Moose Mommas & Their Calves

Join us on June 1 through 5, 2023

Each spring, we like to get out in early June to view the calves. Early in the year, the cows are really protective of their new young that are teetering around on unsteady legs.

In 2021, Duane met a calf still unsure of its long legs on the way out of Malone Bay. Just outside the campground, he came across the two, momma and baby, calf wobbling. Momma gave Duane the look, so he faded behind a tree, prudently.

Standing between Duane and her calf, Momma was a brick wall, yet she gently and patiently waited for her calf to arrange itself on its wobbly legs and teeter in the direction of the forest.

Duane continued along Siskiwit Lake and up toward the Ishpeming Tower.

Momma Moose
Baby Moose

At Windigo, on the trail to the outhouse near Shelter 6, a cow coaxed her wee one to follow here down the trail from the main track into Windigo, to the campground, past the shelters, and into the creek to the other side.

The calf was scared or shy, and momma walked ahead and returned to her at least a half dozen times. It was early, just after sunrise, and no one was up, so we were able to stand and watch.

I filmed her with my phone as she seemed to say, “C’mon, baby.”

Baby did not follow. It would approach along the path, but balked at the intersection where the trail parallel to the shore crossed the one perpendicular to it that led to the water where momma waited.

After a half dozen tries, baby followed through the intersection and, legs in a tangle, it slid, scrambled down the side of the bank and into the creek. The two waded together across, and momma nosed the calf onto the opposite shore before returning to the water to forage spring foliage from the bottom of Washington Creek.

Duane and I sat on the bench at the site next to Shelter 6 to watch the interaction of the two before we went off to the Windigo Store for morning coffee and comradery on the deck.

Momma off to Graze

Cows are unpredictable, especially with young in tow. A couple of years ago, on the Daisy Farm Trail, Duane and I were in an early season hike, and I was walking ahead. This was after the time that we learned that it’s best that I go ahead and he follows to accommodate our differing hiking styles.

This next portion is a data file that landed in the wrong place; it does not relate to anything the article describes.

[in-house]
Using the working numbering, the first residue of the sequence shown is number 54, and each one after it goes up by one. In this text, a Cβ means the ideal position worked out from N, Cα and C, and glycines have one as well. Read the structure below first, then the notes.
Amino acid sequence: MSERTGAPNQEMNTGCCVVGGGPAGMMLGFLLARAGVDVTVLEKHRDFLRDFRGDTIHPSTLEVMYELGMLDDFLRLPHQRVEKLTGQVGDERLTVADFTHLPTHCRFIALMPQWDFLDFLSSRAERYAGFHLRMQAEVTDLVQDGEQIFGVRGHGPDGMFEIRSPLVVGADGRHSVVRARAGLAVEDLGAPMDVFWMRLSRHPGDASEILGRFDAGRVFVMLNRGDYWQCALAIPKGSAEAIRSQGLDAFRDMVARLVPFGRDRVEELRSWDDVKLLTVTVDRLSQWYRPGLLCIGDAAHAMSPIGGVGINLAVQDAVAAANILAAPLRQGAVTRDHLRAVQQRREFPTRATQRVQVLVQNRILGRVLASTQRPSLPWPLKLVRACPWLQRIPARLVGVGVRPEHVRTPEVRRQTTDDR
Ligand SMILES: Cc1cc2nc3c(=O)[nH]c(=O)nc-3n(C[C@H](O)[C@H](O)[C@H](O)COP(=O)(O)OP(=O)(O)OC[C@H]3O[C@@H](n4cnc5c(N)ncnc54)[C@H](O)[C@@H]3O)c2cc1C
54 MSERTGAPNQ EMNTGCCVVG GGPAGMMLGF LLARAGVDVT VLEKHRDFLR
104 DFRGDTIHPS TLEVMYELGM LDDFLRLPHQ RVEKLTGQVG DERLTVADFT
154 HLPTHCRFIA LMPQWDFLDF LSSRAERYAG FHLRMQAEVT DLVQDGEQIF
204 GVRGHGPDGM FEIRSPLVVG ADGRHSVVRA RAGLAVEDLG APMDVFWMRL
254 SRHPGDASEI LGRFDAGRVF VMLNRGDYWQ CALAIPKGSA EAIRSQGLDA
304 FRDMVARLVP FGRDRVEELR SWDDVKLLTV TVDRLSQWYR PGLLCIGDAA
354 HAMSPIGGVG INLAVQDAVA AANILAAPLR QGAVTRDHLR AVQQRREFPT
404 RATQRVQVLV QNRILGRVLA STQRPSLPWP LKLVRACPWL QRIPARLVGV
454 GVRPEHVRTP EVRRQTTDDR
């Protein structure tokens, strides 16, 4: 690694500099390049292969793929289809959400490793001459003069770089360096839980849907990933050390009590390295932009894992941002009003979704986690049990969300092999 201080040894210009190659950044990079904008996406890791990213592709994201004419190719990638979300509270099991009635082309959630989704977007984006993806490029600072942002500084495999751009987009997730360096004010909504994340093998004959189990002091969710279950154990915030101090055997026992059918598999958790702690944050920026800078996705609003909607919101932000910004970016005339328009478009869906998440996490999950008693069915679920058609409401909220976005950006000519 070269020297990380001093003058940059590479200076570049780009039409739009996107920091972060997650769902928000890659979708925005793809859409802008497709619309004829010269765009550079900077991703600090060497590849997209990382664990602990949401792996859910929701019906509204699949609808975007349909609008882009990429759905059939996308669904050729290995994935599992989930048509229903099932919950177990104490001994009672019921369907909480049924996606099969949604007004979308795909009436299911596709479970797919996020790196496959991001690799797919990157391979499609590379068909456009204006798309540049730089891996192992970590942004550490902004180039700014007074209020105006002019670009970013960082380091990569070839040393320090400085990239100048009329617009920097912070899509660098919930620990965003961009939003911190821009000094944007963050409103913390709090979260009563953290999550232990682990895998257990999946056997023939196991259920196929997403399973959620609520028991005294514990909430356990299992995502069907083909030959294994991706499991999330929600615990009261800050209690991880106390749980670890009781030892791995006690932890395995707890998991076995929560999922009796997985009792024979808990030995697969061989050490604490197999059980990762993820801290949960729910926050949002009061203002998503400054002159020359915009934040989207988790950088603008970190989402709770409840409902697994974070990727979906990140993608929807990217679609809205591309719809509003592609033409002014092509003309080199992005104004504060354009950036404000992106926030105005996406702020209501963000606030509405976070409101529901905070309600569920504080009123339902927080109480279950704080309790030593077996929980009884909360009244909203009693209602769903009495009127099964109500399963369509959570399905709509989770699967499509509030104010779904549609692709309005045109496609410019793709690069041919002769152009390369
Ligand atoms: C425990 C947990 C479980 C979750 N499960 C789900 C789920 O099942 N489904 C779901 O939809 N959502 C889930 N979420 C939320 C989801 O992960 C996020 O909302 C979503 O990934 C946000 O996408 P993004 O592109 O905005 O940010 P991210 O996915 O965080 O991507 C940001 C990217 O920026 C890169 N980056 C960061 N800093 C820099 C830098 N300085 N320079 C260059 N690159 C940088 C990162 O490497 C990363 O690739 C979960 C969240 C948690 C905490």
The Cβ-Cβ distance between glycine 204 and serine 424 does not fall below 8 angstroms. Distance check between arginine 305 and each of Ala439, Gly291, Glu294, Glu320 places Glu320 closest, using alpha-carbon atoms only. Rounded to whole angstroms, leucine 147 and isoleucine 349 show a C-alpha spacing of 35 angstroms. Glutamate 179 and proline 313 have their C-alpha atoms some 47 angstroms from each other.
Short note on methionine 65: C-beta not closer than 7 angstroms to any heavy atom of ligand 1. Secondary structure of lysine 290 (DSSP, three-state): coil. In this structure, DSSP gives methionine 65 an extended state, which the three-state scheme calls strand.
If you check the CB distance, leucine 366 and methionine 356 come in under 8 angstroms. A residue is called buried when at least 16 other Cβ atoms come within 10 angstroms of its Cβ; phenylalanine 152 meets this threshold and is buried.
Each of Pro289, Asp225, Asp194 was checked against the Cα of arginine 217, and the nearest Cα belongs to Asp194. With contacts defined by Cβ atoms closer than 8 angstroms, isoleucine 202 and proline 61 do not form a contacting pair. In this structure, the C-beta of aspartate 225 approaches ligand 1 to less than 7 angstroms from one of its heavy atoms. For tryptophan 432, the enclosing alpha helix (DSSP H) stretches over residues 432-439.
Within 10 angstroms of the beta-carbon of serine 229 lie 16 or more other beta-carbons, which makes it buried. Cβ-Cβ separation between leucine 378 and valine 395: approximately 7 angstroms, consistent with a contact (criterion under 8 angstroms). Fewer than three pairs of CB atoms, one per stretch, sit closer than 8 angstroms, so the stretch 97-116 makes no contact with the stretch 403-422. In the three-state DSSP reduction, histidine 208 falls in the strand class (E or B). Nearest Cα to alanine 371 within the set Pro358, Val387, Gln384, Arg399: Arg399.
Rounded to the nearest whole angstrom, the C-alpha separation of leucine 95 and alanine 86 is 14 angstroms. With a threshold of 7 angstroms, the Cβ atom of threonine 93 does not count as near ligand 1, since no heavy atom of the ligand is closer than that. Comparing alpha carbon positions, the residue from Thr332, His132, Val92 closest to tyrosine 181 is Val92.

Still, he was only about 25 feet behind me. I was walking at a moderate pace and came around a hairpin corner in some evergreens. She was walking toward me at a mooselike pace when our eyes met.

She was a dozen feet in front of me. I think both of us were equally as shocked–eyes like saucers.

We both turned simultaneously, her to my left and toward the forest, me to my right toward a tree. As I turned, I saw two small calves who had not been visible behind the bulk of their mother. I bolted behind the tree.

All three were gone in the split second before Duane crossed those 25 feet.

For moment, I stood, heart racing. It occurred to me just how close that call was.

“Damn!” Duane uttered. “I just saw her butt.”

Moose Mama’s Aggressive Posture, Defending Her Sleeping Calf

Moose Mamas don’t back down. This momma refused to give way when Duane and I were rushing toward Washington Creek to make it to get supplies from the Windigo Store before it closed at end of day. When we came to her, we had an hour and a half to make the 30 minute hike left into Washington Creek.

She snorted and stomped at us and refused to move on. We were a little surprised because we didn’t expect the behavior.

While we know moose are boss on the island, they are generally not aggressive for no apparent reason. Duane tried to get her to move on by waving his arms, but she did not.

She snorted again and trotted a few steps toward us, and we scrambled behind some trees alongside the trail.

After a half hour, though, we saw baby stand up from the bushes. Momma shepherded her wee one from next to the trail and into the woods.

We jogged the last couple miles and made it to Windigo about 10 minutes before the store closed, too late for pizza.

We have availability in our June 1 to 5 excursion for the best opportunities to see calves in the early season.

Male and Female Twin Yearlings

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